Fragrant Quote for August 19th, 2012-Safar nameh: Persian pictures By Gertrude Lowthian Bell

Sa'di in a Rose garden, from a manuscript of the Gulistan (Rose garden) by Sa'di. Image Credit

Quite early in the morning we rode out to his garden. We had left Tehran, and moved up to one of the villages lying eight miles nearer the mountains on the edge of the belt of fertile country which stretches along their lower slopes. Our road that morning led us still further upwards through a green land full of wild - flowers, which seemed to us inexpressibly lovely after the bare and arid deserts about the town. The air was still fresh with the delicious freshness of the dawn; dew there was none, but a light, brisk wind, the sun's forerunner, had shaken the leaves and grass by the roadside and swept the dust from them, and dying, it had left some of its cool fragrance to linger till mid-day in shadowy places. We rode along dark winding paths, under sweet smelling walnut-trees, between the high mud walls of gardens, splashing through the tiny precious streams which came down to water fields, where, although it was only June, the high corn was already mellowing amidst a glory of purple vetch. The world was awake—it wakes early in the East. Laden donkeys passed us on their way to the town, veiled women riding astride on gaily caparisoned mules, white-turbaned priests, and cantering horsemen sitting loosely in their padded saddles. Ragged beggars and half-naked dervishes were encamped by the roadside, and as we passed implored alms or hurled imprecations, as their necessity or their fanaticism indicated.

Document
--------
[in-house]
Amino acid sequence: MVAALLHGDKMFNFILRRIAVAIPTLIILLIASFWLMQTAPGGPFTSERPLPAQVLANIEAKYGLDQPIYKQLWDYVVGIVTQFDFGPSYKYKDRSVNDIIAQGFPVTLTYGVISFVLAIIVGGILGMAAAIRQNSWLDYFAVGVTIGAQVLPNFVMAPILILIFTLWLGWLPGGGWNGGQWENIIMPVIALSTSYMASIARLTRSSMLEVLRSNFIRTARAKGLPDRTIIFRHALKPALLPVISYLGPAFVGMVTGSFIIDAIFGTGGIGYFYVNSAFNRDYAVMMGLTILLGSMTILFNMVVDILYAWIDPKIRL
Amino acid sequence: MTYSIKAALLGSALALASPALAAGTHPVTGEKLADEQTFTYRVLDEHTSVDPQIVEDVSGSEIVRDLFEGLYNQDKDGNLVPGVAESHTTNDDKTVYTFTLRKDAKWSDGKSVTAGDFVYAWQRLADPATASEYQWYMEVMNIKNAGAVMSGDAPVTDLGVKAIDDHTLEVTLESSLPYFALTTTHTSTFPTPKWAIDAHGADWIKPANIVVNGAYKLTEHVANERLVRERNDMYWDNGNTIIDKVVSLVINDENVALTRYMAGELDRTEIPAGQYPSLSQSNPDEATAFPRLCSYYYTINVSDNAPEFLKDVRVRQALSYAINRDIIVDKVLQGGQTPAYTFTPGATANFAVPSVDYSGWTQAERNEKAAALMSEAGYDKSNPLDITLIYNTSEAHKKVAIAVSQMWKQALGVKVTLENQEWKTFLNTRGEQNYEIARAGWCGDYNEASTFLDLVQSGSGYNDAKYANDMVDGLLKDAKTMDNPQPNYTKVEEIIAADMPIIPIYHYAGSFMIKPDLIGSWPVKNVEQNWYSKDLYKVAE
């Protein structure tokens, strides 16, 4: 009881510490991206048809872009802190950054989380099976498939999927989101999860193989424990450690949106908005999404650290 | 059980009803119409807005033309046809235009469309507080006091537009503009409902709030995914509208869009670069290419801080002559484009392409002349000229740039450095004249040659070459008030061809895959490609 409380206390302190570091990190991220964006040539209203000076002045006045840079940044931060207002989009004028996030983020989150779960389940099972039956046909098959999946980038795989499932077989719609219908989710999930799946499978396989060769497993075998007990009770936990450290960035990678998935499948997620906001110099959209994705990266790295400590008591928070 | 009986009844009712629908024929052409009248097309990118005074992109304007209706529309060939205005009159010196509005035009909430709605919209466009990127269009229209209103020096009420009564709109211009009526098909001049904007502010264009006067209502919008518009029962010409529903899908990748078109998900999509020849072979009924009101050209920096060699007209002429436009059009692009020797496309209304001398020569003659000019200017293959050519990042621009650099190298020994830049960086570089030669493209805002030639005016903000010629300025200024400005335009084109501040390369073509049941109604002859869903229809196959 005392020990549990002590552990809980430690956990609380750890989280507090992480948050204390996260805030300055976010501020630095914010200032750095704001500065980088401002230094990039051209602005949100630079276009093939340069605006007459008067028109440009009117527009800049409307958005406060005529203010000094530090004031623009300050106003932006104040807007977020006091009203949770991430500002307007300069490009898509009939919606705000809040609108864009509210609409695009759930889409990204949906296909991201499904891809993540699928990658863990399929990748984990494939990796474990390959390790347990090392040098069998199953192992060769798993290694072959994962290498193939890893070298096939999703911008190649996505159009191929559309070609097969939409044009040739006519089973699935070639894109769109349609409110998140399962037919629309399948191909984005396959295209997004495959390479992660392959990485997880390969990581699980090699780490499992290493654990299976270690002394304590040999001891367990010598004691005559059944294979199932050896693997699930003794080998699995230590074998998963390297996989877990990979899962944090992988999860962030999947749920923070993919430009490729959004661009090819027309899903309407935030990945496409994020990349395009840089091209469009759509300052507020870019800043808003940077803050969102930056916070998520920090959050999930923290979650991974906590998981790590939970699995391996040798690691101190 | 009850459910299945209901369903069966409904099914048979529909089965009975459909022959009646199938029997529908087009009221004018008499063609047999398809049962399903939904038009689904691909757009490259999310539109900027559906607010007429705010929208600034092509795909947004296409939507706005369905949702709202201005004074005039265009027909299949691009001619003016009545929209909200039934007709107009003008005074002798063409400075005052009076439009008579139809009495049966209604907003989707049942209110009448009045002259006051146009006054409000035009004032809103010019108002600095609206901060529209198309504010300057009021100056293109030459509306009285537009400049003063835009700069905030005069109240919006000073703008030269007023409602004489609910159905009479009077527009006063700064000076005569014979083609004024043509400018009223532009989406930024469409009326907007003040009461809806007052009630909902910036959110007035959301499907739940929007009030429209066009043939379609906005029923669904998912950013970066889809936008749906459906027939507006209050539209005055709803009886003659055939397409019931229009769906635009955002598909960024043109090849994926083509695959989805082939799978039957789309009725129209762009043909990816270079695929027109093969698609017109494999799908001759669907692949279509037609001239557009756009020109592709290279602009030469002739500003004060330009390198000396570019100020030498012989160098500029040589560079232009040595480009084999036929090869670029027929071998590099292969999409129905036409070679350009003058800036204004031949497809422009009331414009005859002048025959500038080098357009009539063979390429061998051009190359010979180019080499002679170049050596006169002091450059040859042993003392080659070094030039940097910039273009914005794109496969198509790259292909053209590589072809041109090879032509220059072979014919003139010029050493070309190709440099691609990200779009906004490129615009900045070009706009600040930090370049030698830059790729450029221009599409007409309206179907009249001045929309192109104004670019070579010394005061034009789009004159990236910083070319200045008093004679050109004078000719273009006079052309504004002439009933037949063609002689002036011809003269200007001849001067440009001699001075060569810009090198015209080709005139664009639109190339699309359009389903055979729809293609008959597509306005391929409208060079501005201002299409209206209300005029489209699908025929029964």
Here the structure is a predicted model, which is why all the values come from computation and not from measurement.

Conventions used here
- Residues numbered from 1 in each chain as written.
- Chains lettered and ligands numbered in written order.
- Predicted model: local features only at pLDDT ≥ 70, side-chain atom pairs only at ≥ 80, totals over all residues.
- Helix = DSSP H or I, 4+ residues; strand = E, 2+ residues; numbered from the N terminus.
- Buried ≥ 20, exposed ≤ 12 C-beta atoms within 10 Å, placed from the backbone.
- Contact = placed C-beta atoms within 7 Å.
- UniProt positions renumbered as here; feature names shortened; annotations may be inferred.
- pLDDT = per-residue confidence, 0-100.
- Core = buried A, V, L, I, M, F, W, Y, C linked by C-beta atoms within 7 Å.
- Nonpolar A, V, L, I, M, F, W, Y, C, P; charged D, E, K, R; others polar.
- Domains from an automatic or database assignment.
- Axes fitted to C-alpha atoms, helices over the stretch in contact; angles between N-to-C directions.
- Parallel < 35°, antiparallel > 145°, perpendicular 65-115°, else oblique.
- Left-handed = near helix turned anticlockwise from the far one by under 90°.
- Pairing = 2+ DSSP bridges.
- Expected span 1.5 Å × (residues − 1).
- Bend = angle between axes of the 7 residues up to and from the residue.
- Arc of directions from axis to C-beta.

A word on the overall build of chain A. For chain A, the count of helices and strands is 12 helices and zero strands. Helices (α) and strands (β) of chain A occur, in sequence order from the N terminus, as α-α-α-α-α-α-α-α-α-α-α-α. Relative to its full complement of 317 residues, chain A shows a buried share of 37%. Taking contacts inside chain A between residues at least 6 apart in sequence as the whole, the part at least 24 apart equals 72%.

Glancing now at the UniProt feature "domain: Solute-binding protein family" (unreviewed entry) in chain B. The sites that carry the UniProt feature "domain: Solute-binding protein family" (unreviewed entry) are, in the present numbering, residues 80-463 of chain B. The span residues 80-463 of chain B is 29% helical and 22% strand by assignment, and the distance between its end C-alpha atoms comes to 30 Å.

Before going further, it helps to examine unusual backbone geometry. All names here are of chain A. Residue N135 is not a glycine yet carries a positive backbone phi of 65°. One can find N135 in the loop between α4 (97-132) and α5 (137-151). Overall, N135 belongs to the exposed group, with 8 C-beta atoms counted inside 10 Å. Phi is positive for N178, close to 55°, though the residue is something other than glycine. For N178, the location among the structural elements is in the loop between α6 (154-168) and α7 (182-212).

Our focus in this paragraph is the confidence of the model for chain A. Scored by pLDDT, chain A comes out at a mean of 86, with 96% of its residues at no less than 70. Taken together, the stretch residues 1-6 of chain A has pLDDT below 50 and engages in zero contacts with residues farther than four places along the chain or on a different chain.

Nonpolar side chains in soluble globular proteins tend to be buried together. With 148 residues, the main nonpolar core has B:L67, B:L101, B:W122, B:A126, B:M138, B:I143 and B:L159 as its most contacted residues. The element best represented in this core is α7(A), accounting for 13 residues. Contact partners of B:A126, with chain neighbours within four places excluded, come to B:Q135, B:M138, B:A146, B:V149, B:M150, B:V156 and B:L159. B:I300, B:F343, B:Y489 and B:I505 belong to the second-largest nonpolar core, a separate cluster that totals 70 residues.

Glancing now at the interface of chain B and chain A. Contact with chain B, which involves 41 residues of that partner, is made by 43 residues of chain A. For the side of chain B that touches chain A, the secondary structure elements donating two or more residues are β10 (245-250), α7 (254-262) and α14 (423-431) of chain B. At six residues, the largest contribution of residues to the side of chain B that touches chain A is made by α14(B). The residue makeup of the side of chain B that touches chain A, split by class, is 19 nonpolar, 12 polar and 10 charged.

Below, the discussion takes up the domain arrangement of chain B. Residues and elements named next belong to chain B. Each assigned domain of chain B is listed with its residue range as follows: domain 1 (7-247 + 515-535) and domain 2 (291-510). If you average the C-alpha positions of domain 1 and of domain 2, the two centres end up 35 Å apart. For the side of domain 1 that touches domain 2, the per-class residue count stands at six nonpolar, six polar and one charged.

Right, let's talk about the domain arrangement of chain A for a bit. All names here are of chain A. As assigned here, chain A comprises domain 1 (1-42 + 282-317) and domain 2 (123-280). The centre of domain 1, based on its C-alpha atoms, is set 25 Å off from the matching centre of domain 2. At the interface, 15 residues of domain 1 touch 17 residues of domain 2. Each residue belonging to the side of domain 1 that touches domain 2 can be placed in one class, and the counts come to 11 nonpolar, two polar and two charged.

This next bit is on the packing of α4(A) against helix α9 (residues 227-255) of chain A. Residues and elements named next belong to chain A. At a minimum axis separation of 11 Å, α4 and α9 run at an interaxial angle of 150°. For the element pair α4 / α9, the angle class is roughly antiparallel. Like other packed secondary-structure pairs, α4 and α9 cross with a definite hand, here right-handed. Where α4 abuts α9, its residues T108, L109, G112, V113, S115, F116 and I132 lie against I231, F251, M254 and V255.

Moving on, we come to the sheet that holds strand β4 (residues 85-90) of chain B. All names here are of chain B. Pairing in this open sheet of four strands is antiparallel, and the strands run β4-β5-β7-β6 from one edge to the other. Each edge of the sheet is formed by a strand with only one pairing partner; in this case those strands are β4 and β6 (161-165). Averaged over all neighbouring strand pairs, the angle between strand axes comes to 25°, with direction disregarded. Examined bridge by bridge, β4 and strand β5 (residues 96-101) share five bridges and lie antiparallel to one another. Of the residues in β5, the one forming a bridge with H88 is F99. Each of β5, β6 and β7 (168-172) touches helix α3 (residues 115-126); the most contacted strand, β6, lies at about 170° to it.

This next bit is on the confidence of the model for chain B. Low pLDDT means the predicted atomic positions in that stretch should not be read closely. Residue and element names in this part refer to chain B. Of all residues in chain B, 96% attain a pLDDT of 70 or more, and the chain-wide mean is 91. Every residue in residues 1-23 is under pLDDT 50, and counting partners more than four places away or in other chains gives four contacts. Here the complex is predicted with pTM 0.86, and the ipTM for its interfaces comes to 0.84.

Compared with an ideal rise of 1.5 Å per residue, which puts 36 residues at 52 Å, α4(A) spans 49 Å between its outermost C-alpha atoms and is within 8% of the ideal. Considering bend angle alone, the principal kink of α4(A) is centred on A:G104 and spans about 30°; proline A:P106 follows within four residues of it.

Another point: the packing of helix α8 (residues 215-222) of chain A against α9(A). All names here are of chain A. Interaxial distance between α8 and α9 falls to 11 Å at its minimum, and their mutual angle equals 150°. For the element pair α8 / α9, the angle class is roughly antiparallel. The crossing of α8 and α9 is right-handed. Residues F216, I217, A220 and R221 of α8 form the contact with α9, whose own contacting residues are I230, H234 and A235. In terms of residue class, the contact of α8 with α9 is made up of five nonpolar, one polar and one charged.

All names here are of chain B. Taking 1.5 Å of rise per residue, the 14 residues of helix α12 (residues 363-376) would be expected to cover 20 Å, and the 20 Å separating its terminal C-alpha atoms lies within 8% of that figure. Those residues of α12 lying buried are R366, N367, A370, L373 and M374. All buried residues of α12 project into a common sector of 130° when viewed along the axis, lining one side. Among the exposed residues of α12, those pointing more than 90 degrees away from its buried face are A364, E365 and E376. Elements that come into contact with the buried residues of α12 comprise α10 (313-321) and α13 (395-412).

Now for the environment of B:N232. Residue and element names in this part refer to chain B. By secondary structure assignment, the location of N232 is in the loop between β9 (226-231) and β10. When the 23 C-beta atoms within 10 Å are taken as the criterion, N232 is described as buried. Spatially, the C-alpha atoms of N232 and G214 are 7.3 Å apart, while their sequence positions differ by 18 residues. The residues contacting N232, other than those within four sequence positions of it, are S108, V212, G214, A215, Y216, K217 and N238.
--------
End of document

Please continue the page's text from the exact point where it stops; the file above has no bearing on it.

At the foot of the mountains we stopped before a long wall, less ruinous than most— a bare mud wall, straight and uncompromising, with an arched doorway in the midst of it. At our knock the double panels of the door were flung open, disclosing a flight of steps. Up these we climbed, and stood at the top amazed by the unexpected beauty which greeted us. The garden ran straight up the hillside; so steep it was that the parallel lines of paths were little but flights of high narrow stairs—short flights broken by terraces on which flower - beds were laid out, gay with roses and nasturtiums and petunias. Between the two staircases, from the top of the hill to the bottom, ran a slope of smooth blue tiles, over which flowed cascades, broadening out on the terraces into tiny tanks and fountains where the water rose and fell all day long with a cool, refreshing sound, and a soft splashing of spray. We toiled up the stairs till we came to the topmost terrace, wider than the rest. Here the many-coloured carpet of flowers gave place to a noble grove of white lilies, which stood in full bloom under the hot sunlight, and the more the sun blazed the cooler and whiter shone the lilies, the sweeter and heavier grew their fragrance. Those gardens round Tehran to which we were accustomed had been so thickly planted with trees that no ray of light had reached the flower-beds, but here in the hills, where the heat was tempered by cool winds, there was light and air in abundance. On the further side of this radiant bodyguard was a pleasure-house—■ not a house of walls, but of windows and of shutters, which were all flung open, a house through which all the winds of heaven might pass unchallenged. There was a splashing fountain in the midst of it, and on all four sides deep recesses arched away to the wide window-frames. We entered, and flinging ourselves down on the cushions of one of these recesses, gazed out on the scene below us. First in the landscape came the glitter of the little garden; lower down the hillside the clustered walnuts and poplars which shaded the villages through which we had ridden; then the brown, vacant plain, with no atmosphere but the mist of dust, with no features but the serpentining lines of mounds which marked the underground course of a stream, bounded far away by a barren line of hills, verdureless and torrent scored, and beyond them more brown plains, fainter lines of barren hills to the edge of the far horizon. Midway across the first desert lay a wide patch of trees sheltering the gardens of Tehran. Down there in the town how the sun blazed! The air was a haze of heat and dust, and a perspiring humanity toiled, hurrying hither and thither, under the dark arches of the bazaar; but in the garden of the King of Merchants all day long cool winds blew from the gates of the hills, all day long the refreshing water rippled and sparkled, all day long the white lilies at our feet lay like a reflection of the snow-capped mountains above us.